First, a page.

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Oct 3, 10:04 PM EDT

Suspect in Canada attack ordered deported from US in 2011



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TORONTO (AP) -- U.S. Immigration and Customs Enforcement said Tuesday that a Somali refugee charged with ramming his car into a Canadian policeman, stabbing him and then injuring four people while leading officers on a high-speed chase over the weekend was ordered deported from the U.S. in 2011.

Jennifer Elzea, an ICE spokeswoman, said Hasan Sharif Abdulahi was taken into ICE's custody in San Diego in July of that year and in September an immigration judge ordered him sent back to Somalia.

Elzea said Sharif was released from custody two months later then failed to report as ordered for his removal on Jan. 24, 2012. She said efforts to locate him were unsuccessful. She also said Sharif had no known criminal history at the time of his encounters with ICE.

Sharif now faces 11 charges in Canada, including five of attempted murder in the Saturday night attack in Edmonton, Alberta. Police have raised the possibility of filing terrorism charges against Sharif because there was an Islamic State flag in his car and he was investigated in 2015 for espousing extremist views.

Canadian Public Safety Minister Ralph Goodale said Sharif, 30, entered Canada legally in 2012 and obtained refugee status. Scott Bardsley, a spokesman for Goodale, said Sharif entered from the United States through a regular port of entry and was granted refugee status later that year.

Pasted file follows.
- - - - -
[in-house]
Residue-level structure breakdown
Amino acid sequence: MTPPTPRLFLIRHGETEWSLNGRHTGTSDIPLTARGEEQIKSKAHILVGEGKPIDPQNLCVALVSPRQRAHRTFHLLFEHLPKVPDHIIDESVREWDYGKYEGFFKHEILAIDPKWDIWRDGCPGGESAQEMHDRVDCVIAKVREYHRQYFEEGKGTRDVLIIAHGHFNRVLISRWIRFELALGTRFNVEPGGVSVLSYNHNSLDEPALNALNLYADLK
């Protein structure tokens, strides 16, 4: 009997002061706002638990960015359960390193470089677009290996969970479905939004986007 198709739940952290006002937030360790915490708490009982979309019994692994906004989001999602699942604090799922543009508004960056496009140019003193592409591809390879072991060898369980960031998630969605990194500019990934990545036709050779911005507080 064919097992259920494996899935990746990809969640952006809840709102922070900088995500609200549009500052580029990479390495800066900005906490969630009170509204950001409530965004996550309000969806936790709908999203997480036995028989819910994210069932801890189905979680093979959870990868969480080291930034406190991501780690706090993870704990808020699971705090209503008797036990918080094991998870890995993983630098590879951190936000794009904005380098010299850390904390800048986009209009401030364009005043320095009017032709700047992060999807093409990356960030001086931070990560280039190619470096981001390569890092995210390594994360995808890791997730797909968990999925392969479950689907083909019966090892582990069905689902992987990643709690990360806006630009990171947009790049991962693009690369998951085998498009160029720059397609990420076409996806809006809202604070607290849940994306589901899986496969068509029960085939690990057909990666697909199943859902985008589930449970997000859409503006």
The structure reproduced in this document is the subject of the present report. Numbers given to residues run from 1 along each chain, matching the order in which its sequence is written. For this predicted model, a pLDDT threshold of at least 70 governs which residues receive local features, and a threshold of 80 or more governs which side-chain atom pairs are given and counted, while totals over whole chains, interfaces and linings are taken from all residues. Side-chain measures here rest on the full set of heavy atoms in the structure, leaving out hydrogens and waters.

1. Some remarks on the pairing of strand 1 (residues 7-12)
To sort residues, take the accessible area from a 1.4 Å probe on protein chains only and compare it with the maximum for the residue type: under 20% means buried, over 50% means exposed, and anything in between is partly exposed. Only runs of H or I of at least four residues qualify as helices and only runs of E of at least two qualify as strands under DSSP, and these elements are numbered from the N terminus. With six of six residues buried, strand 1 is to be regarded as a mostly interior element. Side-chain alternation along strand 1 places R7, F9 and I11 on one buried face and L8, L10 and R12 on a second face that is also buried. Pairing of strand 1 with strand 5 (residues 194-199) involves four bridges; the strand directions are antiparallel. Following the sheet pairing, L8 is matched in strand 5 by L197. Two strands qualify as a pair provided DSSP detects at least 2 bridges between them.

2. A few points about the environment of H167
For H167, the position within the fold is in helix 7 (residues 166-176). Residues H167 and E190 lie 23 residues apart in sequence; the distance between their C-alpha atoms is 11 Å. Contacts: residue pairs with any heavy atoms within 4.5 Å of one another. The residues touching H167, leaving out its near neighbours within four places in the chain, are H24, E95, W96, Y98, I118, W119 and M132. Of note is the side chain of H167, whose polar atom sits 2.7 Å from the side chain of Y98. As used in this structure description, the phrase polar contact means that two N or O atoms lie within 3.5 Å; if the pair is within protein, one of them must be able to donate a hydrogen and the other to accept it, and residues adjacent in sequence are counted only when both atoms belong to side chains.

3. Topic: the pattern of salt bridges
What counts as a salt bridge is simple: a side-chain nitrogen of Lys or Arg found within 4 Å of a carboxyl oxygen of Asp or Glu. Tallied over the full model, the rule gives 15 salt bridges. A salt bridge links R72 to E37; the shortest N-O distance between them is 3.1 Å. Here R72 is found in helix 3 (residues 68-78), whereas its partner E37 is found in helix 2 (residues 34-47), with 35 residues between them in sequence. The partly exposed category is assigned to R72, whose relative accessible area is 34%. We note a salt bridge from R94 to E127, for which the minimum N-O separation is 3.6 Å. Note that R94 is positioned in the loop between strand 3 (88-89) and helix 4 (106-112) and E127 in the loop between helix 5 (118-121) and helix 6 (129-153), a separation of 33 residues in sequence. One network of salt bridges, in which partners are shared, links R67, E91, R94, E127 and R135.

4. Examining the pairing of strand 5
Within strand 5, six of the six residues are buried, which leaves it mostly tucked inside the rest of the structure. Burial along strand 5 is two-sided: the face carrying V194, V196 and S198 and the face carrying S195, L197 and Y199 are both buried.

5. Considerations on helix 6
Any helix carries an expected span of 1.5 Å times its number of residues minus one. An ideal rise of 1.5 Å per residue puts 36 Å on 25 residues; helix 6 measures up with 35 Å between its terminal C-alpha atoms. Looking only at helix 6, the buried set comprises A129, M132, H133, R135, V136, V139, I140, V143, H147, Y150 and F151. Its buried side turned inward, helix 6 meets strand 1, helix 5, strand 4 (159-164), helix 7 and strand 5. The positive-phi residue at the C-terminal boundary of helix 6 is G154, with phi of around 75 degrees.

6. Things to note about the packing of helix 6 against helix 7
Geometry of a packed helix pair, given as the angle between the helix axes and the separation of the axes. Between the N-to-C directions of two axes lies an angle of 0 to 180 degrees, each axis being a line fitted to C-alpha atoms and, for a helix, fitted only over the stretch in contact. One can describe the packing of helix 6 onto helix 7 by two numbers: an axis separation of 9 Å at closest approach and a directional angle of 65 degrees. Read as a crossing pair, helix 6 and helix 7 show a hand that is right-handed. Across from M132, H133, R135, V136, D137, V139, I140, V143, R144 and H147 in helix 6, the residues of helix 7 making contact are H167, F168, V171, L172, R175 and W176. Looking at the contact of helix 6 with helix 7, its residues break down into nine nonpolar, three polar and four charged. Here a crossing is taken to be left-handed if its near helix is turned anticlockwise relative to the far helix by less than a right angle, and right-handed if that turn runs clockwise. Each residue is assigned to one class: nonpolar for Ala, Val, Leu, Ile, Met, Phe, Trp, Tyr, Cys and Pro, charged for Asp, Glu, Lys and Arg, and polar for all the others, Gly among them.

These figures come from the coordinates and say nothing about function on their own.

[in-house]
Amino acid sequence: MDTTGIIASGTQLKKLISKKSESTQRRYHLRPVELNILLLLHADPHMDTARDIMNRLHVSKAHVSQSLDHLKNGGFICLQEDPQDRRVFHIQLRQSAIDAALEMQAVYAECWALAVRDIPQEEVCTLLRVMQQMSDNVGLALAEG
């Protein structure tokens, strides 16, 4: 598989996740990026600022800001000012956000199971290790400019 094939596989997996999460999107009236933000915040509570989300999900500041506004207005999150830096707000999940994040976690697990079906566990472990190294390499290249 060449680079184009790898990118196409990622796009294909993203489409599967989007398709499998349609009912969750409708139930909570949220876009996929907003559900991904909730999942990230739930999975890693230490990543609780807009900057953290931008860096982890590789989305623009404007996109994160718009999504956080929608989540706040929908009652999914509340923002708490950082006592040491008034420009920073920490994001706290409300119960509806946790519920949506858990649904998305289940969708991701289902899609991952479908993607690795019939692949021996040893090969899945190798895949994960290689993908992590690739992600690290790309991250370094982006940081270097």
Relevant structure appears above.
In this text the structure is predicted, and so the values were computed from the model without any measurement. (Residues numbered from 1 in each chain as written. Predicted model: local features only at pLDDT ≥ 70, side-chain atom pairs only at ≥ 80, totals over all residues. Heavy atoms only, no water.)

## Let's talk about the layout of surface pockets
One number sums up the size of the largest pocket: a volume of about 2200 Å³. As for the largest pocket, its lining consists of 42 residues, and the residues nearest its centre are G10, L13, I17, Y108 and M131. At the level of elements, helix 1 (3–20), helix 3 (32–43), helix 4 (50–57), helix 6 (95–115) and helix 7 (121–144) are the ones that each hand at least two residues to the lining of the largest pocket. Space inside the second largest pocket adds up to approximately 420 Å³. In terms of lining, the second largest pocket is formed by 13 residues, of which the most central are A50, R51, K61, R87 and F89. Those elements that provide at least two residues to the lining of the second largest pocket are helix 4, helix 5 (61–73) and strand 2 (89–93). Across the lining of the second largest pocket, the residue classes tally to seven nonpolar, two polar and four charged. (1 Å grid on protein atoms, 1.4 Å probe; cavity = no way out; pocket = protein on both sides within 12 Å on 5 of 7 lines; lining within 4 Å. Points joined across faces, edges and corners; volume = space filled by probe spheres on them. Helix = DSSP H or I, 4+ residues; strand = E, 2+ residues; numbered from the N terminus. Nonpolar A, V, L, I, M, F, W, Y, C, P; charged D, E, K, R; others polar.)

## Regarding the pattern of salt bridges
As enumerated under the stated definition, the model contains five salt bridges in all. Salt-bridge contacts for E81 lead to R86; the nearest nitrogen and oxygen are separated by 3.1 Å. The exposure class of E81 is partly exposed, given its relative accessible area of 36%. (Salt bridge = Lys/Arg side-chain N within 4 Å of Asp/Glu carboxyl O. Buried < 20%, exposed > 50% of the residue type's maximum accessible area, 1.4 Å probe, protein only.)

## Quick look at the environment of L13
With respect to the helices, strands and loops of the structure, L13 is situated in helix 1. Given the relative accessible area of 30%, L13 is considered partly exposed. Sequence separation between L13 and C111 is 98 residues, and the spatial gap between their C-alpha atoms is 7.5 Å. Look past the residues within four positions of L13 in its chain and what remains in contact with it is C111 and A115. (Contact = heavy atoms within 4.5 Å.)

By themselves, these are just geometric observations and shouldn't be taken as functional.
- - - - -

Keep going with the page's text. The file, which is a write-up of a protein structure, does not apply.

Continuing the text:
"There was no information that would have raised any red flags when he entered Canada," Bardsley said in an emailed statement.

ICE listed Sharif's name with slightly different spelling, Abdullahi Hassan Sharif. But a Canadian official and a U.S. government official both said it is the same man.

The U.S. official said slightly different spellings are not uncommon. Both the U.S. and Canadian officials agreed to discuss the matter only if not quoted by name, because they were not authorized to discuss certain details of the case.

A preliminary hearing for Sharif opened Tuesday but was recessed so he can find a lawyer. He appeared on closed-circuit television and followed proceedings with the help of an interpreter. The suspect spoke briefly with a lawyer who stepped forward to help.

The hearing was held over until Nov. 14, but could resume sooner if Sharif can hire a lawyer before then.

Edmonton police say they believe Sharif acted alone during the series of attacks, which began around 8:15 p.m. Saturday as police Constable Mike Chernyk was handling crowd control outside a Canadian Football League game at a stadium just northeast of downtown.

Chernyk was hit by a speeding white Chevy Malibu that rammed through a barrier and sent him flying through the air. The driver got out, pulled out a large knife and began stabbing Chernyk as he lay on the ground. The officer fought back, and the suspect fled on foot.

Chernyk suffered cuts on his face and scrape on his arms but was released from a hospital and is expected to make a full recovery.

Police distributed the name and physical description of the Malibu's registered owner and set up roadblocks, and officers stopped the suspect, now driving a U-Haul truck, hours later at a checkpoint.

The driver took off toward downtown with police in high-speed pursuit, and the truck struck four pedestrians along the way. The chase continued until the truck crashed on its side. Officers used a stun gun on the driver and took him into custody.

Two of the four pedestrians remain hospitalized, one with a fractured skull.

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